Ask LH: How Can I Go Back To Studying?

Dear Lifehacker, I have recently decided to go back to school. I have a full time job and I have not studied for almost 10 years and even then I was not the best at it. What is the best way to approach this? Thanks for any advice, Daunted

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Dear Daunted,

Studying and learning is an excellent task to put yourself to, but it's important to work out why you actually want to return to it, so that your expectations are both realistic and pleasing to you. Do you want to gain a particular qualification, or are you simply interested in the intellectual pursuit of knowledge? Are you yearning for younger years and the ability to lie around all day in a drunken state trying to avoid writing essays? The latter isn't all that commendable, but knowing what it is that you want to do and why should help you set realistic goals.

As a personal example, five years ago my wife decided she wanted a career change, from database developer to early childhood educator, so she had a goal in mind: get the necessary study-based qualifications to meet that career goal. She quit working to pursue that goal, because it made the most sense to take that challenge on full-time.

If you're working full-time, are you able to stop working (or go part-time) in order to more fully put yourself into study? If, as your query suggests this an endeavour that you'd be looking at doing externally in your spare time, it's worth bearing in mind that this can be a tiring prospect, albeit not an impossible one.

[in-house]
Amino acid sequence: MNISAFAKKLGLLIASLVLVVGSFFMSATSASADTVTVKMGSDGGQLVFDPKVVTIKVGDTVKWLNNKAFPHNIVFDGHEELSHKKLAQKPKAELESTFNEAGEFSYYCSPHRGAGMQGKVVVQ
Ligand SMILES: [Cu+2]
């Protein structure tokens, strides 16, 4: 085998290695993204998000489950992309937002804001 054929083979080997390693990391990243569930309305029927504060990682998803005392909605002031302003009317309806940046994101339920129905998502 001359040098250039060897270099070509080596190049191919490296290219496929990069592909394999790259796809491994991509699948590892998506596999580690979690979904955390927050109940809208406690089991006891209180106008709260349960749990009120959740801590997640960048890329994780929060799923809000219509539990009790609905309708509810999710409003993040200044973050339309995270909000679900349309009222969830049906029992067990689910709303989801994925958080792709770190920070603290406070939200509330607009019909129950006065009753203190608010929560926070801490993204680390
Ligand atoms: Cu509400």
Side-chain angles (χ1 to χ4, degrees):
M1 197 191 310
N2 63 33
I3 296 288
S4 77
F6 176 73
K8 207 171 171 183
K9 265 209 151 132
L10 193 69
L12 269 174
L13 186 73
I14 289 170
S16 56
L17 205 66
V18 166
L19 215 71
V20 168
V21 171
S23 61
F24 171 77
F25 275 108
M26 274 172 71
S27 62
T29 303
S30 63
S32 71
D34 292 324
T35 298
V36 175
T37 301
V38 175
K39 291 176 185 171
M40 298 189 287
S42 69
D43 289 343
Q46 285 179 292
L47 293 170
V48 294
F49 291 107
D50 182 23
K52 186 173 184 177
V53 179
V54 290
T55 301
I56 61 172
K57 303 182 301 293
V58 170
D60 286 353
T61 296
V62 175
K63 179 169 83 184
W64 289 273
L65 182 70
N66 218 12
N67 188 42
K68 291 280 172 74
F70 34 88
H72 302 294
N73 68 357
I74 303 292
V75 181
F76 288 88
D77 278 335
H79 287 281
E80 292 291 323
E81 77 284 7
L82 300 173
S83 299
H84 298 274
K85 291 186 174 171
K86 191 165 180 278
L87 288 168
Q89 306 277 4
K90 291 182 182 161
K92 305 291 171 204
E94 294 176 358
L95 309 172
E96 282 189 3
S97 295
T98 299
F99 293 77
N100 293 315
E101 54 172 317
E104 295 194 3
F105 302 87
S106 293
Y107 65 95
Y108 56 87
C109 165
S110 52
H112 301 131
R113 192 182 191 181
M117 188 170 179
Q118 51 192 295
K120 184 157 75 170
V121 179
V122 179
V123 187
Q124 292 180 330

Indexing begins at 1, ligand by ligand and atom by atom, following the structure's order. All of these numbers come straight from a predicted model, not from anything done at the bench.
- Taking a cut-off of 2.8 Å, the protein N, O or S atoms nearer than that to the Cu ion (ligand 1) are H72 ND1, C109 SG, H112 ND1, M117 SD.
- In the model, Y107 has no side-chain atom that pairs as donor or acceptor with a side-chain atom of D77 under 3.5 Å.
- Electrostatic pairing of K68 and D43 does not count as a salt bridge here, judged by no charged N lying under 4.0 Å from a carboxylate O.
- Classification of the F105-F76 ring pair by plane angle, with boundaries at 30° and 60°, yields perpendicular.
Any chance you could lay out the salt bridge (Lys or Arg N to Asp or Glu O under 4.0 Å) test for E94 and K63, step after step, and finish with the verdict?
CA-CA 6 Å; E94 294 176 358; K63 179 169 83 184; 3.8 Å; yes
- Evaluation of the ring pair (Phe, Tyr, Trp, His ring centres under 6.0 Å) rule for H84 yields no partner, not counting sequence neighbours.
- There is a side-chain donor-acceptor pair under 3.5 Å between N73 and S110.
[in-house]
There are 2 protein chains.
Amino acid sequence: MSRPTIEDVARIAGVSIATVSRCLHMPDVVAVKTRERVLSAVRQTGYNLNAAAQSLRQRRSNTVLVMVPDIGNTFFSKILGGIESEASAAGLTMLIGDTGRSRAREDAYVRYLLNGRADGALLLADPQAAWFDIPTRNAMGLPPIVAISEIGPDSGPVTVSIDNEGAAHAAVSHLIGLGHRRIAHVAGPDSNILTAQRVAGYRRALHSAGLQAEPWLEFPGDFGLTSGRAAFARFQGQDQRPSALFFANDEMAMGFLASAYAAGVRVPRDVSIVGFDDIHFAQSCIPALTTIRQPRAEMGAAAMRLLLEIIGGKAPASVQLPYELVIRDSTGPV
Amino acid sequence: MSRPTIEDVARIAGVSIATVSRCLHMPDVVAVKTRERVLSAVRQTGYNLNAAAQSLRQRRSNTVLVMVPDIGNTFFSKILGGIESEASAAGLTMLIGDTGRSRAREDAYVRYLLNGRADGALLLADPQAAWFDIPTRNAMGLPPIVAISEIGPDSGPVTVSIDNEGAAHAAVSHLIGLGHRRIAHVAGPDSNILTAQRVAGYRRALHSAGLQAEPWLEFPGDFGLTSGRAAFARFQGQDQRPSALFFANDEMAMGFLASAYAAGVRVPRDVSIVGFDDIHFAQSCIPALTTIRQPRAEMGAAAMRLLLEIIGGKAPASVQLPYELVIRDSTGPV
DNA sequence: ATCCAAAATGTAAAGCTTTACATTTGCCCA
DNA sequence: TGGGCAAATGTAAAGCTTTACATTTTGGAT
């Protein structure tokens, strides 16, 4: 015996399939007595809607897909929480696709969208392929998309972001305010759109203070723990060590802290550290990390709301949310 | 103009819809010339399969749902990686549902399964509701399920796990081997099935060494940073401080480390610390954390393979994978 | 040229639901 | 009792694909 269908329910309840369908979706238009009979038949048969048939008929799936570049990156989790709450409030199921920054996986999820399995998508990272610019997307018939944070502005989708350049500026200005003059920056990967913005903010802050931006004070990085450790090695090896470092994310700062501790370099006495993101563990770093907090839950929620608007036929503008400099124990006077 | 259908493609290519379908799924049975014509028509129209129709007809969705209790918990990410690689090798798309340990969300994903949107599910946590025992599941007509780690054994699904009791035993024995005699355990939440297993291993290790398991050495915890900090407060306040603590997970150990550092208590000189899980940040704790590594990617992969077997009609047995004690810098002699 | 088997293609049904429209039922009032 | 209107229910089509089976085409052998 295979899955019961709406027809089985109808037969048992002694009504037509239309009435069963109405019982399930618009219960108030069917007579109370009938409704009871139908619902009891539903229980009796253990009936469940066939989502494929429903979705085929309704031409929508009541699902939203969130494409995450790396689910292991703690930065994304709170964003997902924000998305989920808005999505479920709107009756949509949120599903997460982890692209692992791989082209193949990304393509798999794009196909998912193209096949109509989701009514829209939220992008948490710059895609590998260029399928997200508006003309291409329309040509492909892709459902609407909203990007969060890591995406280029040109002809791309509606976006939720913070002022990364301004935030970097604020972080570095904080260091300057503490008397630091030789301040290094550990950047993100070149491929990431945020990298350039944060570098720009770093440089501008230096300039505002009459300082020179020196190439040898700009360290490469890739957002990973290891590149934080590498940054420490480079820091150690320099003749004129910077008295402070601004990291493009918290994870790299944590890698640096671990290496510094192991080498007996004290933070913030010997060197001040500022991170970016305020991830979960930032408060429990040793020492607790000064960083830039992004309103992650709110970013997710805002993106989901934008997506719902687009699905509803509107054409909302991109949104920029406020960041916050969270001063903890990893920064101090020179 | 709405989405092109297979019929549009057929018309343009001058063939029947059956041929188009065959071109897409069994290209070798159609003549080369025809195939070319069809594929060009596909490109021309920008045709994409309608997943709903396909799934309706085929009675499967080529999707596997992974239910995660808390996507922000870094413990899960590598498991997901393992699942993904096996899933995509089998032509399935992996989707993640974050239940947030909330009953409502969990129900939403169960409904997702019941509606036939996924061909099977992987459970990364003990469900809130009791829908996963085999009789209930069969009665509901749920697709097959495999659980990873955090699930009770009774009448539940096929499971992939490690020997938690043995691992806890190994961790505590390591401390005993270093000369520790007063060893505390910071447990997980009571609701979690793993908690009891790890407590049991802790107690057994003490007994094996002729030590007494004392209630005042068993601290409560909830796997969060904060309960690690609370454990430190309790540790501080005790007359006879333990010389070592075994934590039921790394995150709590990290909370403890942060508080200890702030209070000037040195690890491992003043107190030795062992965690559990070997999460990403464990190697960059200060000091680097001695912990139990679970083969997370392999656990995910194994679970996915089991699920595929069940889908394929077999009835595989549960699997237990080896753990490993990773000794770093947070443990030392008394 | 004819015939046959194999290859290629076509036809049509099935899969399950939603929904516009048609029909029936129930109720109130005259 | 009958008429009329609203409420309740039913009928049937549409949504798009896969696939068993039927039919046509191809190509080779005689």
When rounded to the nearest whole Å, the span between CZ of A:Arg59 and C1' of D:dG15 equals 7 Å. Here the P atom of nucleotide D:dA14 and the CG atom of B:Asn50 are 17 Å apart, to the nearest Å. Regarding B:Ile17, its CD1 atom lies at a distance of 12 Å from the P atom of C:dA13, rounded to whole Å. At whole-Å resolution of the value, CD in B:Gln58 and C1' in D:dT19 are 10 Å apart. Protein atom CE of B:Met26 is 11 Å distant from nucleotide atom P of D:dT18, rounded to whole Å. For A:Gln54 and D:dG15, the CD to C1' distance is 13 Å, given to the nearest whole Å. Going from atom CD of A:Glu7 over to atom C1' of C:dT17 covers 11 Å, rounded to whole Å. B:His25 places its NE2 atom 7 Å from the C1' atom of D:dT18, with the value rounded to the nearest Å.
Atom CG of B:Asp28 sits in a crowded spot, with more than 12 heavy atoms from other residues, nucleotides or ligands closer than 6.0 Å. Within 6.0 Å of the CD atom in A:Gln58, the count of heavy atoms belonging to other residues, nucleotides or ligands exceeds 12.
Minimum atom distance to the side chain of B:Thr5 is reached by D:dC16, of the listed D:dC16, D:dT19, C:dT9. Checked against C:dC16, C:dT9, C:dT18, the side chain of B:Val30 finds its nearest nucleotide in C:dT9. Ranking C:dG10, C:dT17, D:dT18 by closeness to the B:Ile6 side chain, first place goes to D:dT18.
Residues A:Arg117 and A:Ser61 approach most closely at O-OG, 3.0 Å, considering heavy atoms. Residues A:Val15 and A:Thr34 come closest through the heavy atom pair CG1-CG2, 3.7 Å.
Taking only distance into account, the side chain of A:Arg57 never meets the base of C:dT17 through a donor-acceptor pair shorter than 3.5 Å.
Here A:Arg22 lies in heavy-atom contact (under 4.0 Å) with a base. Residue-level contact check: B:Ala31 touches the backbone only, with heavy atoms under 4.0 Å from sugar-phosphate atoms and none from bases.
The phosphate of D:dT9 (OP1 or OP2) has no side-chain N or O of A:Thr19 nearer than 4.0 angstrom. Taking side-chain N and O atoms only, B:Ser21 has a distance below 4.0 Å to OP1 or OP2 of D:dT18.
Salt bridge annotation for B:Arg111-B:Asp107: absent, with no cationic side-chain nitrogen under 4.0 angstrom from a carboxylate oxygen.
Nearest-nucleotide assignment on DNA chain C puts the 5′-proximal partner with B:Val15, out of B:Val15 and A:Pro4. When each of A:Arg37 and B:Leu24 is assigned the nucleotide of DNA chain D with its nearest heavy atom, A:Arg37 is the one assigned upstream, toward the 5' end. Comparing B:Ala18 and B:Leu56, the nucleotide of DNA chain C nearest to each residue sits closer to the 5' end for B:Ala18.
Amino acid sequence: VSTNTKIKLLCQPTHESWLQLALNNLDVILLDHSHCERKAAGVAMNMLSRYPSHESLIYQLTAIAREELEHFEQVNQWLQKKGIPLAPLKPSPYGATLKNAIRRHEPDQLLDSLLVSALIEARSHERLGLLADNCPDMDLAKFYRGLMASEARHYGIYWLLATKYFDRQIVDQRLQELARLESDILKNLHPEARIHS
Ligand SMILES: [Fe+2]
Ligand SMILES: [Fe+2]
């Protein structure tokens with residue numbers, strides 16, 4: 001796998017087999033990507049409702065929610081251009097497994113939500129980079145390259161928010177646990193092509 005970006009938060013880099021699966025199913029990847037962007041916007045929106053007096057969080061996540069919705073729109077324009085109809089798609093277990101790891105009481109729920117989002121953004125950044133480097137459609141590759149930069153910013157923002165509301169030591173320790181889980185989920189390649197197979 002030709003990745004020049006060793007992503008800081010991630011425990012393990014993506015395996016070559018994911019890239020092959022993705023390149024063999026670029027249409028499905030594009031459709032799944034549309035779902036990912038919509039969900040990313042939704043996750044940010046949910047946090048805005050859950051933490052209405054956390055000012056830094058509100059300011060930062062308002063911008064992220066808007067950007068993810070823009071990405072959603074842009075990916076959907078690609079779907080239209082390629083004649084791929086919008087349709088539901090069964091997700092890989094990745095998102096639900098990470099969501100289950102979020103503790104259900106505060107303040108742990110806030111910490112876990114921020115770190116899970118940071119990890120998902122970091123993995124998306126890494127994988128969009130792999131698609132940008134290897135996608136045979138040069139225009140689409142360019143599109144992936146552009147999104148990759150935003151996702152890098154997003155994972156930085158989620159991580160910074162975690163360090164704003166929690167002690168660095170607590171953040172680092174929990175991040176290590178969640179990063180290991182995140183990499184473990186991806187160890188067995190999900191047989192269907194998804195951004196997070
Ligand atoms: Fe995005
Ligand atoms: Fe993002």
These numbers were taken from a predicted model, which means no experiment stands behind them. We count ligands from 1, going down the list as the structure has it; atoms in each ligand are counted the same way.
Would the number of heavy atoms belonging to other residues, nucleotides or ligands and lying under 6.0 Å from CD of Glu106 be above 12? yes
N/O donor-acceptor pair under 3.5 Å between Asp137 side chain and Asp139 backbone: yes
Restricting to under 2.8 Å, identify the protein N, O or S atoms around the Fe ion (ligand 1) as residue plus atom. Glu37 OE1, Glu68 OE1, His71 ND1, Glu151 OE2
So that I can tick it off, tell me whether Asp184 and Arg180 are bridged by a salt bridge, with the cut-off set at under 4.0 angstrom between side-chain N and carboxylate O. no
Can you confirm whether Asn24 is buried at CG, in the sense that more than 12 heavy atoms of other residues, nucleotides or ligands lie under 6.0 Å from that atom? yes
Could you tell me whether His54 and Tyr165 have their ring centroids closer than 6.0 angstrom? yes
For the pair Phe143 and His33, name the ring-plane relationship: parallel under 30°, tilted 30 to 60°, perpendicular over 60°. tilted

A decade is a long time in anyone's life; you don't say if you last studied at a school or university level a decade ago, but ten year's worth of full-time work should have given you some reasonably solid work habits; if you bring those to your new study you're more likely to do better, no matter what kind of student you were in the past. Depending on the relationship between your work and chosen study path, it may also be wise to check if you can get any kind of recognition of work already performed in your field, if that's appropriate.

I'm a firm believer that none of us ever stop education, even if it's not via formal processes, but often having a structure can aid you to keep going where idle study may falter. As such, don't obsess over the student that you were. Concentrate on the student you want to be, and set aside solid uninterruptible blocks of time to your studies to ensure the best possible results.